Downsizing can be the key to decluttering, according to the pros—especially when it comes to storage spots that hold items in a bunch of different categories, like a junk drawer. The good news is it’s not hard to do—it just takes some strategic shifting. “Clutter expands to fit the space you give it,” says Chip Cordelli, a New York City-based clutter coach. “Move the items from your junk drawer—binder clips, coupons, and other odds and ends—into the smallest drawer in the room, and keep miscellaneous storage bins small to prevent them from overtaking your rooms and closets.”
2 of 7Jim Franco
Get Your Walls to Work Harder
Instead of letting bitsy pieces pile up in a drawer (or, worse: the floor!), turn them into a neat little wall display by mounting them on a magnetic knife holder (magnetic knife rack, $9, Ikea.com). It’s a trick that works in various rooms—kitchen, office, playroom—and for many kinds of objects, from kids’ toys (matchbox cars) to hair accessories (bobby pins, barrettes) to desk and crafts supplies (scissors, binder clips) to home improvement tools (paint brushes, screwdrivers). Just be sure to hang the strip in a spot that keeps the items in easy reach; for example, place the matchbox cars down low so little ones can “park” them easily.
No room? No problem. Sometimes all it takes to tidy up is a sneaky solution, like doubling your drawer space with two-tier organizers (Made Smart Housewares Junk Drawer Organizer Tray, $14, wayfair.com). The small compartments keep desk supplies, small tools, and earbuds from getting jumbled together. Look around your rooms and pinpoint the troublemakers—any items that are piling up or contributing to a mess. Even small, basic objects might be better off stored in a new way: If sandwich bags are jamming your kitchen drawer, for example, pin or hang the box to your pantry wall instead. If you’re storing items under the bed, make sure you’re using the right containers: Clear boxes with pullout drawers eliminate the hassle of wrestling with large lids. (Wide under-bed drawers, $25 each, containerstore.com.)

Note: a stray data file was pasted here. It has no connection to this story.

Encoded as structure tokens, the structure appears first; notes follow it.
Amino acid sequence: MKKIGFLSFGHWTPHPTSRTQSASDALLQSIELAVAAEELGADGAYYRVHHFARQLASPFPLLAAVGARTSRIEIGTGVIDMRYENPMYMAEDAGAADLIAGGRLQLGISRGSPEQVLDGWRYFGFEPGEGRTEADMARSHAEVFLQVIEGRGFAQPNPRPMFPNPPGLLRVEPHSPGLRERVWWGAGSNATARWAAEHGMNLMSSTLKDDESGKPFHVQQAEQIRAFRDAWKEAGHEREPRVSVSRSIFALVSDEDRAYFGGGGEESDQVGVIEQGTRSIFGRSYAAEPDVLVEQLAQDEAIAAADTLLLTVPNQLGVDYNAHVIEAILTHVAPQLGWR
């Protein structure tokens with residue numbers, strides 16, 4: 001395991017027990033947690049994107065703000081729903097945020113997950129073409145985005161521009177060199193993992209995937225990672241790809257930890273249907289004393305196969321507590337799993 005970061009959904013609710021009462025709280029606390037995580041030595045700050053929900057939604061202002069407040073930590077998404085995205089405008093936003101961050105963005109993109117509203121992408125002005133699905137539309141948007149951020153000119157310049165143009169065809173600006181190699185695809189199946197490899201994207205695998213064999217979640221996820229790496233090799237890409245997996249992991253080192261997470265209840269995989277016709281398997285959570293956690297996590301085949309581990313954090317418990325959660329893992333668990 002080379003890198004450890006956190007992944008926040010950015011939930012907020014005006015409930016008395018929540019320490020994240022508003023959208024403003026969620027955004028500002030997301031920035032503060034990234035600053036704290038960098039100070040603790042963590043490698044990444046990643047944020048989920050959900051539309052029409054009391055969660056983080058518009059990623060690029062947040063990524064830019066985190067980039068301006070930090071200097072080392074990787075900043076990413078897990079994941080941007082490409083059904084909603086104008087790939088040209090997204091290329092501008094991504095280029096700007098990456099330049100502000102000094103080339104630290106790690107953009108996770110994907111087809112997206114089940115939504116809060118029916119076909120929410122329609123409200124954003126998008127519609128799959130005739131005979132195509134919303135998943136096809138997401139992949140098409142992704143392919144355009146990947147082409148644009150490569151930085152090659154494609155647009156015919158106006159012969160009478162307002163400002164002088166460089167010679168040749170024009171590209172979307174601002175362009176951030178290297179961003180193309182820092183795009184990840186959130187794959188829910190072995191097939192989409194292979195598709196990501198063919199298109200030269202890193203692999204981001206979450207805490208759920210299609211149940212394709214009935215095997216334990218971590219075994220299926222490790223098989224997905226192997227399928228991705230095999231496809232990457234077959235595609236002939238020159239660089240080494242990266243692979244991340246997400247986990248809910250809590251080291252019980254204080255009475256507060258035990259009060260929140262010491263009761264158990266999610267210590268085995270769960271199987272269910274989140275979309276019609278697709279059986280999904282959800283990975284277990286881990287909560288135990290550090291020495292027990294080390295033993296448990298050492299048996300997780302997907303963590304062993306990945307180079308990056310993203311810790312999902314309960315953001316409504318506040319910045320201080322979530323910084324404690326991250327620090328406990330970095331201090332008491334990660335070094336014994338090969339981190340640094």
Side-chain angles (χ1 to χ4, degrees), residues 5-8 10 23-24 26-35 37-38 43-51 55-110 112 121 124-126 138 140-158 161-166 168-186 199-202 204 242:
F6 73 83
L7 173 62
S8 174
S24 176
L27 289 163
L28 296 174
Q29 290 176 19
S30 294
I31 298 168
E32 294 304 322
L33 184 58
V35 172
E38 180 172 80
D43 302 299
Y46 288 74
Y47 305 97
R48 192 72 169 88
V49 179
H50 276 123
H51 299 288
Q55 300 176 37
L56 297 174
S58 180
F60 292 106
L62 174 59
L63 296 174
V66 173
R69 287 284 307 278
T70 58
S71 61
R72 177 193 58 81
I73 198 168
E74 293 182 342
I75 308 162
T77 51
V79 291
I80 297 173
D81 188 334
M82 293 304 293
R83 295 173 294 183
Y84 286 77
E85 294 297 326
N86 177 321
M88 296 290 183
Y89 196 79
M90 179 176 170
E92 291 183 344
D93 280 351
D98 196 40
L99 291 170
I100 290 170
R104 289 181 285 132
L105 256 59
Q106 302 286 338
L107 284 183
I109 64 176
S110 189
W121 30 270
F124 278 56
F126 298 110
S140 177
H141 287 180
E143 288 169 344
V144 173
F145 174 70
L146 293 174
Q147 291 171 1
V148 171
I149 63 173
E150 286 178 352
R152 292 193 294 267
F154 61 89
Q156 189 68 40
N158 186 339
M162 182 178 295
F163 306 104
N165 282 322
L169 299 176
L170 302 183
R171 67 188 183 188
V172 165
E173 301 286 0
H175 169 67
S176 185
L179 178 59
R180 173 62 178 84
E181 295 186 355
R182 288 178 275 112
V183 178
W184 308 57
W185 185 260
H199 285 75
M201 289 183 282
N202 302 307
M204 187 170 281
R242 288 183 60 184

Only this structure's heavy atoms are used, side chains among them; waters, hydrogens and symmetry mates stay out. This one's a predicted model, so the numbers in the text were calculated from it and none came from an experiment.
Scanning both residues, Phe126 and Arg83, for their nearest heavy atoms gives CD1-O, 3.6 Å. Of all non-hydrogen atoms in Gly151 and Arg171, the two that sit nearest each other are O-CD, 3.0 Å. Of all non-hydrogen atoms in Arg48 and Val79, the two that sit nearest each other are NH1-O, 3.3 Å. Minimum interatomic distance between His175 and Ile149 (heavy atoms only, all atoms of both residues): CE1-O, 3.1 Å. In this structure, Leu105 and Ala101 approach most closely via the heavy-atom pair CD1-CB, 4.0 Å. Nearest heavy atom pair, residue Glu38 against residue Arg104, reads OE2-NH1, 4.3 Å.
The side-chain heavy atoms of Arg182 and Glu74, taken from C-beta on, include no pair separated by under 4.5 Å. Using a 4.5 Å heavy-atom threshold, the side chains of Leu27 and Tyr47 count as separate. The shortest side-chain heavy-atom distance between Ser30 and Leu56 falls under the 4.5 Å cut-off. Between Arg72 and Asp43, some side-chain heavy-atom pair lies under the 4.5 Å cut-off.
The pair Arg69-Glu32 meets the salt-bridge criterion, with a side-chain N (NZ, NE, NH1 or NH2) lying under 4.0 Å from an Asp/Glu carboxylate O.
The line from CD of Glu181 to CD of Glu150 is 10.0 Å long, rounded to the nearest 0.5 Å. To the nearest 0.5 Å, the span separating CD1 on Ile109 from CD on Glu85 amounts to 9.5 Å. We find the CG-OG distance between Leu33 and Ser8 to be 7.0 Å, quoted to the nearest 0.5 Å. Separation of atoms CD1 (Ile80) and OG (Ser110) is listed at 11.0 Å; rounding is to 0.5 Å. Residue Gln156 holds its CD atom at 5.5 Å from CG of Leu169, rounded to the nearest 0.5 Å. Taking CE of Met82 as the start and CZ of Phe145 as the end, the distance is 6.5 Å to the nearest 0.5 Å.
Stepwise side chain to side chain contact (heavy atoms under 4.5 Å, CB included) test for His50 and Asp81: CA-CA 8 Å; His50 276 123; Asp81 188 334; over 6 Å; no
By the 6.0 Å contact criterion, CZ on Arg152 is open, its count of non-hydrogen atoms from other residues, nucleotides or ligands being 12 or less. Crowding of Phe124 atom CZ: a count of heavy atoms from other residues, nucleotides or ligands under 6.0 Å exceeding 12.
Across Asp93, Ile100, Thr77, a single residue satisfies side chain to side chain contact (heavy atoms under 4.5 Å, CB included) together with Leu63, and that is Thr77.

4 of 7Jonny Valiant
Put It on a Peg
Don’t get hung up on the traditional uses for hooks (coats, backpacks)—these handy holders can do a lot more to get your clutter under control. Set up some hooks for your cleaning tools: Leaning precariously against a wall in a utility room or a closet, mops and brooms are likely to tim-berrr; install a hanging organizer on the wall instead. (7-Tool Hanging Organizer, $10, casabella.com). Hooks can corral camisoles too: Folded, camis get lost in a drawer. Keep them visible on a customized hanger. (Perfect Curve Camisole Rack, $15 for two, bedbathandbeyond.com). They’re an ideal fix for jumbled jewelry too: When you can see your necklaces and bracelets, you’ll wear them. Display them (tangle-free) on a mounted bulletin board using PinHooks. ($8 for 40, pinhooks.com).
5 of 7Johner Images/Getty Images
Put a New Spin on Hanger Storage
They’re not just for clothes in closets—hangers can help you streamline your linens too: Hang tablecloths on flocked pant hangers, and mark each with a hang tag that denotes which table each belongs to (dining room, porch table, etc.) You can also use hangers to set up a system that keeps your closet from bursting at the seams: Turn all hangers on the closet bar with the hooks facing out; then, once you wear an item of clothing, hang it in the opposite direction. At the end of each season, donate the items on hangers that haven’t switched direction (because you never wear them!) and keep the rest.
Beyond organizing all of your periodicals, magazine holders can keep lots of loose stuff from spilling over: In the pantry, use magazine holders to keep seasoning and drink packets neat or to prevent canned food from getting jumbled on shelves. On a shelf in a bedroom closet, they can corral clutch purses. In the kitchen, they can even keep cling wrap and aluminum foil from cluttering up a drawer. Need another clever alternative to corral a collection of items? A lazy Susan can keep nail polish bottles, medicine and first aid supplies, or assorted condiments in easy reach.
You can save space by storing some items without their bulky (or flimsy) packaging. Keep light bulbs in a clear shoe box—you can store more when they’re out of the package. Fill gaps with crumpled tissue paper. (Clear shoe box, $1.50, lowes.com.) The thin box that birthday candles come in never keeps its shape; toss it and stash the candles in an empty plastic cotton-swab container. (Small acrylic hinge-lid box, $4, containerstore.com.) A better bet for packs of batteries: Remove the packaging and put the batteries in a clear box with divided compartments. (Multi-battery storage box, $6, containerstore.com.)
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